Museum of Contemporary Art Detroit (MOCAD) announces James Lee Byars: I Cancel All My Works at Death

. February 3, 2014

The Museum of Contemporary Art Detroit (MOCAD) presents James Lee Byars: I Cancel All My Works at Death on view February 7–May 4, 2014.

Detail of I Cancel All My Works at Death. Courtesy of MOCAD and Triple Candie.

Detail of I Cancel All My Works at Death. Courtesy of MOCAD and Triple Candie.

I Cancel All My Works at Death is the first comprehensive survey of the actions and performances of James Lee Byars (Detroit 1932–Cairo 1997) to be presented in the United States. Titled after Byars’ now-famous speech act, it adopts the premise that the artist and his work are better misremembered than re-experienced.

I Cancel All My Works at Death takes a theatrical approach to an unconventionally theatrical artist, who referred to his actions and performances as “plays.” The large first gallery mimics the interior of a long-abandoned playhouse, with a patched theater curtain at its back, a single gold chair on a circular red carpet littered with glitter-speckled ceiling debris, and crumbling walls adorned with faux-Byars theater posters. Subsequent galleries exhibit newly created costumes and accessories, star-studded scripts, an assortment of props (none of which were actually used by the artist), casting photos, and static as well as animated photo-documentation, all of which has been altered. During the run of the show, new solo actions and group actions inspired by, but departing from, Byars’ work will be carried out, sparingly and intermittently, by the exhibition’s organizers.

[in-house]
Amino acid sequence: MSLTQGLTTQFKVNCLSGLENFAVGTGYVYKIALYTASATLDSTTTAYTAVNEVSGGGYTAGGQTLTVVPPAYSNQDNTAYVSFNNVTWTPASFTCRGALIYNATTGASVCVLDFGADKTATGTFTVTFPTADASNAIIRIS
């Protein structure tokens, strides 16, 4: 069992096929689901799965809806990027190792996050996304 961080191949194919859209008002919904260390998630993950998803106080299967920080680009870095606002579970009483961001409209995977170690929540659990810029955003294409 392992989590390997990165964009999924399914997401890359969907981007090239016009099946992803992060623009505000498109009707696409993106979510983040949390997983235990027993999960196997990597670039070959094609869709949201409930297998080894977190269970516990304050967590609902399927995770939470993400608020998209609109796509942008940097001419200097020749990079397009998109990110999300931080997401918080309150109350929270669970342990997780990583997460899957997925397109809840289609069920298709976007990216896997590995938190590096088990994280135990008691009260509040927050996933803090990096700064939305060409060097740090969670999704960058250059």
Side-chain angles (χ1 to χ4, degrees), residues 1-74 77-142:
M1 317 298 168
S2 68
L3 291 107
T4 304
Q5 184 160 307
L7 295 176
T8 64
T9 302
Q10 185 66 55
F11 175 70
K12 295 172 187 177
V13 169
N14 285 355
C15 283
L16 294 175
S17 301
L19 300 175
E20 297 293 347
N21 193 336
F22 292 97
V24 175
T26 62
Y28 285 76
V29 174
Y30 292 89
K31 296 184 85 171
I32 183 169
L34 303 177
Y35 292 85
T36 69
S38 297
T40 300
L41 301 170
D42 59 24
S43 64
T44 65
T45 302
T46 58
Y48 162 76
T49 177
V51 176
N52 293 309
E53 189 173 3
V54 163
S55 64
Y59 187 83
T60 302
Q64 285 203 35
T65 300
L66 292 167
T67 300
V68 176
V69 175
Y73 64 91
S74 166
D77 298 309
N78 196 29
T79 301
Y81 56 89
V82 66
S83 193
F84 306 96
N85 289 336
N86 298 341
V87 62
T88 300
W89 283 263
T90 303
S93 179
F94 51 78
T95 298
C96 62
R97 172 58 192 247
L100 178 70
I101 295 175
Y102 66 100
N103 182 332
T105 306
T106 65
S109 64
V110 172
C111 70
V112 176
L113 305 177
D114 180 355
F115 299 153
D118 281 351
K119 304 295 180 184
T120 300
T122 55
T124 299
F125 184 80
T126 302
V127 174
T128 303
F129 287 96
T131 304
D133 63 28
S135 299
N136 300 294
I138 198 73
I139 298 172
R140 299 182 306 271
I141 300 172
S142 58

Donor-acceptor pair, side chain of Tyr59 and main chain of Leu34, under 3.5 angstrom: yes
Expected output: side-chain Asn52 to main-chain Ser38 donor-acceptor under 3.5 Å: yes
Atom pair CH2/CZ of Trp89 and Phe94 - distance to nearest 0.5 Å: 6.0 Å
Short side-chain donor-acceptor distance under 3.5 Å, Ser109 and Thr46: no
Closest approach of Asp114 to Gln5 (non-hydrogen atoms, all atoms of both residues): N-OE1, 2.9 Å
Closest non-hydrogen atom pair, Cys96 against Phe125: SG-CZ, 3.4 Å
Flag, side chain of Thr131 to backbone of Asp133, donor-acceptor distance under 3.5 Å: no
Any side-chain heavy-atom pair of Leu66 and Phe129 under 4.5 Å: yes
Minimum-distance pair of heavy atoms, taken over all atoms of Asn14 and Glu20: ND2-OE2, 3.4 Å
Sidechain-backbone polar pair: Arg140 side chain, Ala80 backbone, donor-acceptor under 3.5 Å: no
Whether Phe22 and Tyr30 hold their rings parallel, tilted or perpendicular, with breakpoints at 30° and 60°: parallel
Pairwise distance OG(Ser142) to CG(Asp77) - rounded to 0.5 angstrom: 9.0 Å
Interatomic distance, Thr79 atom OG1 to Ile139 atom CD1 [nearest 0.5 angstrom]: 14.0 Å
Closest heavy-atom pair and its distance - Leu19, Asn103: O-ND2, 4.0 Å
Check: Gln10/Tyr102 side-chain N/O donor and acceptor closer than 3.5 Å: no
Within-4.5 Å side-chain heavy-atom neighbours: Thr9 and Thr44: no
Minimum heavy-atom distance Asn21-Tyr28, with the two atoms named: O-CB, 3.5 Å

The exhibition is written and directed by Triple Candie, a phantom-like institution that existed in Harlem as an alternative space from 2001 to 2010. Run by two art historians who now live in Philadelphia, Triple Candie produces exhibitions about art but devoid of it and realized without the involvement of artists. MOCAD’s guest curator Jens Hoffmann invited Triple Candie to conceive this show; Triple Candie, in turn, invited Hoffmann to serve as the exhibition’s dramaturge.

A Detroit native, James Lee Byars was a mysterious and enigmatic figure at the forefront of performance and conceptual art between 1960 until his death. After a decade in Japan (1958–67), he spent the majority of his career in Europe, traveling frequently back to Los Angeles and New York. His best-known works were realized at Documenta 5 in 1972 at the invitation of Harald Szeemann: On the opening days of the festival, he stood on the roof of the Fredericianum Museum under a mass of red tulle and shouted common German names through a megaphone to the visitors in the plaza below.

Exhibition programming support is generously provided by the Taubman Foundation and the Andy Warhol Foundation for the Arts. Additional funding for programming and educational initiatives is provided by the Edith S. Briskin/Shirley K. Schlafer Foundation. Additional support is provided by The Michigan Council for Arts and Cultural Affairs and Renaissance Media.

Museum Of Contemporary Art Detroit
4454 Woodward Avenue
Detroit MI, 48201
T +1 313 832 6622

Category: Museum News

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